‘Unfinished Business’ is an Unfunny Vocation

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Average: 5 (1 vote)
HollywoodChicago.com Oscarman rating: 2.5/5.0
Rating: 2.5/5.0

CHICAGO – Have you ever seen a film where they throw everything against a wall to see what sticks? The appropriately titled “Unfinished Business” is a throwing machine, taking the flimsy premise of a business trip and using it as an excuse for a splattering of jokes that mostly don’t work.

Vince Vaughn takes his hipster/flummoxed movie persona and becomes a Daddy figure, with the wifey at home, and two rug rats for use as punchlines. Yep, Vincent has gone domestic. Joining him is the requisite dopey assistant and old horny guy, which is reliable as a basis for jokes-that-don’t-score. This is a by the book mainstream comedy, with no originality and a foregone conclusion. When Vince Vaughn is portraying an underdog sales representative – yes, I said sales rep – and it doesn’t look like he’ll close the big deal, what do think will happen? It doesn’t take Alec Baldwin to tell us “coffee is for closers.”

Vaughn is Dan Trunkman, who at the beginning of the film is walking out of his sales job at a big company, because they cut his salary. As he leaves, he promises his rival named Chuck (it’s a woman, played by Sienna Miller) that he will start his own company. After recruiting the near-retiree Timothy (Tom Wilkinson) and dim bulb Mike (Dave Franco), he opens Apex Select.

Vince Vaughn, Tom Wilkinson, Dave Franco
Dan (Vince Vaughn), Timothy (Tom Wilkinson) and Mike (Dave Franco) in ‘Unfinished Business’
Photo credit: 20th Century Fox

Fast forward to one year later. The company is barely working at Dunkin Donuts (product placement alert!), but is on the cusp of a huge deal. The transaction is basically suppose to come down to a handshake, but the evil capitalist Jim (James Marsden) and his toadie Bill (Nick Frost) has brought in Chuck to counter the offer, and the Apex team must scramble from Maine to Germany to chase down their deal.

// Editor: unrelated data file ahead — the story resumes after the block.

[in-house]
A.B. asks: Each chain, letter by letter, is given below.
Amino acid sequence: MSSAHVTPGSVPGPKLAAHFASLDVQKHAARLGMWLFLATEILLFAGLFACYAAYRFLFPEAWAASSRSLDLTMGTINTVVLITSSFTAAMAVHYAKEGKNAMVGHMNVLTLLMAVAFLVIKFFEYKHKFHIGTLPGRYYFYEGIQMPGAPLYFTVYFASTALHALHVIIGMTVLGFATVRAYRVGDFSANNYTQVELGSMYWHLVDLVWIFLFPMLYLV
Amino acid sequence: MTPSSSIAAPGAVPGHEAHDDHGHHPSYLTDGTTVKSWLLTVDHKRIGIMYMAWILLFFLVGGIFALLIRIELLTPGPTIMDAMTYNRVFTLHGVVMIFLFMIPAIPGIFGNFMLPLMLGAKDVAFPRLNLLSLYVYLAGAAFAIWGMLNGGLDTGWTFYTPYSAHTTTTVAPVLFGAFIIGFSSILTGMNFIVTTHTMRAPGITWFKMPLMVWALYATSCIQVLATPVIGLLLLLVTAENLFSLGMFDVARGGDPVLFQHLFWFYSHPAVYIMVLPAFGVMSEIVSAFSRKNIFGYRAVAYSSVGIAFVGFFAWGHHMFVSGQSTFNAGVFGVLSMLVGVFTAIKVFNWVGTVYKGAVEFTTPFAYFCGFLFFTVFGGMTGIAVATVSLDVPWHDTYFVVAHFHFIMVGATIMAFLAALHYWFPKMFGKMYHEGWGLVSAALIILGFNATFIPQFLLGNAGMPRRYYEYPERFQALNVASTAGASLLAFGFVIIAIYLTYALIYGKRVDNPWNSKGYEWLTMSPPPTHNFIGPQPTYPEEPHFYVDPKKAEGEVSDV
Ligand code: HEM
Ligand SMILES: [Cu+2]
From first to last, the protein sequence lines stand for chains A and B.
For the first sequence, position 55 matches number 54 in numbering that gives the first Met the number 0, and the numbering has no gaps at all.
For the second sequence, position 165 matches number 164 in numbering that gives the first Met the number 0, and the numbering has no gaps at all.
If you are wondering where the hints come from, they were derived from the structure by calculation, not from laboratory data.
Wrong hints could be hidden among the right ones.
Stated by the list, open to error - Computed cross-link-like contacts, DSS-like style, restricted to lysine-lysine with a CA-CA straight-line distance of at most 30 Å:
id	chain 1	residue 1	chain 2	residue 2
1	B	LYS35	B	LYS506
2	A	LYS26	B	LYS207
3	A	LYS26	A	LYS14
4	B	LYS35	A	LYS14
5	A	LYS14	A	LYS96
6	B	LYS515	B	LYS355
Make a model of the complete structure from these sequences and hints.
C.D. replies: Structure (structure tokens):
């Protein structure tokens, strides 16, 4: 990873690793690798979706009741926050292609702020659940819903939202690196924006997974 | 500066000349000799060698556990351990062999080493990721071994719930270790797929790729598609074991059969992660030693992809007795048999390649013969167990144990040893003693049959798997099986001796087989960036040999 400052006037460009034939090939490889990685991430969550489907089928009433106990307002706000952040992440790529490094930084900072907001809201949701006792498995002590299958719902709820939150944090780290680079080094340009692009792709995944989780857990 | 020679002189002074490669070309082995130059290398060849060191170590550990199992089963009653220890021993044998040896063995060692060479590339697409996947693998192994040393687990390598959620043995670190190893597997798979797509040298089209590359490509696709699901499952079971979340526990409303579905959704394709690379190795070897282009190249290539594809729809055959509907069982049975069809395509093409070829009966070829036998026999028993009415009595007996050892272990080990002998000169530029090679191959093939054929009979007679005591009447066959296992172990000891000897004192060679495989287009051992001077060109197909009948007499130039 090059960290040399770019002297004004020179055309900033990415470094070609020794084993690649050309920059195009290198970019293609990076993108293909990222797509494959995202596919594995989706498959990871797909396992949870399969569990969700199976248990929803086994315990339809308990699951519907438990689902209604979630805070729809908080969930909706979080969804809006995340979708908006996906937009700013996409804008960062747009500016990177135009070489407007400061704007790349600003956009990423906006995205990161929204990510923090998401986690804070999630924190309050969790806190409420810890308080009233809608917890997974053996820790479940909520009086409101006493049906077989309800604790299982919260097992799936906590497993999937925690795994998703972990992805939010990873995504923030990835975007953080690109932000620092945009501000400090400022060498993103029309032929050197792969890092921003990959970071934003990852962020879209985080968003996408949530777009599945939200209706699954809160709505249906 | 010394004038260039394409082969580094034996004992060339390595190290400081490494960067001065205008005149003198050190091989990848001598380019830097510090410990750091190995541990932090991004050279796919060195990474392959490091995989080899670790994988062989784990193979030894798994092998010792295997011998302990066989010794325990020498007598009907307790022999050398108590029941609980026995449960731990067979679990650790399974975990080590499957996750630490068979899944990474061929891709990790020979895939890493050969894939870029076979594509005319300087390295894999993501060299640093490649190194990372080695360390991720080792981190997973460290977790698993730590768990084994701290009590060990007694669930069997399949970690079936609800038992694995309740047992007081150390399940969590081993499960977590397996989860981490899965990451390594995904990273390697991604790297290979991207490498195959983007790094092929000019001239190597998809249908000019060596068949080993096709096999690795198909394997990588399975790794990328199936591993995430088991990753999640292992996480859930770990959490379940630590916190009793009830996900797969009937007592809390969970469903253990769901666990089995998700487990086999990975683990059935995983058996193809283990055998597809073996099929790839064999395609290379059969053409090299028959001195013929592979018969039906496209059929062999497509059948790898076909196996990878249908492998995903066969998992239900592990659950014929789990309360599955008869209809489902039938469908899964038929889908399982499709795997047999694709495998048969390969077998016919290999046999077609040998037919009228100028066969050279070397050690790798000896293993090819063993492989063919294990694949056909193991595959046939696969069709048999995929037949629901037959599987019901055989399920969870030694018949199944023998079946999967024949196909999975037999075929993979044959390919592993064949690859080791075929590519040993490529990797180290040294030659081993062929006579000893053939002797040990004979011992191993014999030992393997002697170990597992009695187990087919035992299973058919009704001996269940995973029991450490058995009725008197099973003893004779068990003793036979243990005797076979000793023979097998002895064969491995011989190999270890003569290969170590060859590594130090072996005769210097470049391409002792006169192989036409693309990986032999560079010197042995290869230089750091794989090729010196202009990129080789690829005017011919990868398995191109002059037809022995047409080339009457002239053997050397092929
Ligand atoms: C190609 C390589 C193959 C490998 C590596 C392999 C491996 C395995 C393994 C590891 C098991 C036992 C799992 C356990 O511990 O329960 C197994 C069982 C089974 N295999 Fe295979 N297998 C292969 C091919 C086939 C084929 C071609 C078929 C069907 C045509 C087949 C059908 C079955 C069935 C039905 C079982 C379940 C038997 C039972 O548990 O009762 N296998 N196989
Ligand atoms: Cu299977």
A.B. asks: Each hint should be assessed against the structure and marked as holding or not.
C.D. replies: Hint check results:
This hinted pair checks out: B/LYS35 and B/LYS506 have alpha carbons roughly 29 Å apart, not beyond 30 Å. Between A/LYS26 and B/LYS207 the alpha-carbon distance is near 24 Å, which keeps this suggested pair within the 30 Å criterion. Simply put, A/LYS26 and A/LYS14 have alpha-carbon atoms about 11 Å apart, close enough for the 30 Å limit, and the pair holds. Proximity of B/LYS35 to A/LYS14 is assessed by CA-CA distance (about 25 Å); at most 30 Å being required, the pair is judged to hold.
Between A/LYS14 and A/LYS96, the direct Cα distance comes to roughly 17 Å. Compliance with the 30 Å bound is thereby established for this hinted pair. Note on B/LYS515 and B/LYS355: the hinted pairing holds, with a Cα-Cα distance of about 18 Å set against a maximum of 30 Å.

The premise is so vague and convoluted, that it might have been another movie – like a teenage road trip – and retrofitted into the Vince Vaughn universe. The film is jonesing for the story to have a feel good scenario – Vince’s kids included an awkwardly overweight teen son and his behaviorally challenged moppet sister – with the concluded deal destined to make all lives better. But the jokes around that Leave-it-to-Vincey weirdness has to do with a horny old man, Dave Franco doing his brother James “I’m not all there” schtick and a European location that promises leather fetish gags and human hamster balls. It’s desperation-a-go-go for flop sweat jokes.

The comedy is built upon nothing. Is Tom Wilkinson an older worker? Then have him hire a fantasy call girl and smoke lots of pot. Will they establish Dave Franco as practically mentally disabled? Well, just paint him also as a pick-up artist (for sex jokes). Comedies don’t need consistency for laughs, but for gawd sakes drop the Vince-as-wondrous-father bit and “the deal” as a centerpiece. It tends to derail the jokes and creates no authenticity for generating laughs.

This is “R” rated, so the film gets some credit for applying some raunch. The reason for bringing the business gang to Berlin (is Vince taking a page from Adam Sandler, who maneuvers his film settings to take a vacation?) is to throw in a leather fetish “glory hole” bit. Yep, this is the type of rib tickler that the film shoehorns as comedy. At least British comedian Nick Frost gets to be the wanker.

Vince Vaughn
Stretching the Expense Account in ‘Unfinished Business’
Photo credit: 20th Century Fox

The character of Chuck, portrayed by Sienna Miller, was a brazen part of the narrative. She is Vince’s rival for the thinnest of reasons, and their exchanges would cause more lawsuits than realistic dialogue, but by some twist of logic Ms. Miller manages to make something of the role. Of late, she plays the characters that are offered to actresses of her career status, from the “American Sniper” wife to the ball busting sales competitor of “Unfinished Business,” but she gives these roles much more than how they’re written. That’s talent, my friends.

What is next for Vince Vaughn? Maybe a remake of TV’s “Family Affair,” where he’ll be the genial uncle to two adopted kiddos. Of course there would be the butler “Mr. French,” but his name will also advertise his service, with all the tension that implies. Now, that’s funny.

”Unfinished Business” opens everywhere on March 6th. Featuring Vince Vaughn, Dave Franco, Tom Wilkinson, Sienna Miller, James Marsden and Nick Frost. Written by Steve Conrad. Directed by Ken Scott. Rated “R”

HollywoodChicago.com senior staff writer Patrick McDonald

Writer, Editorial Coordinator

© 2015 Patrick McDonald, HollywoodChicago.com

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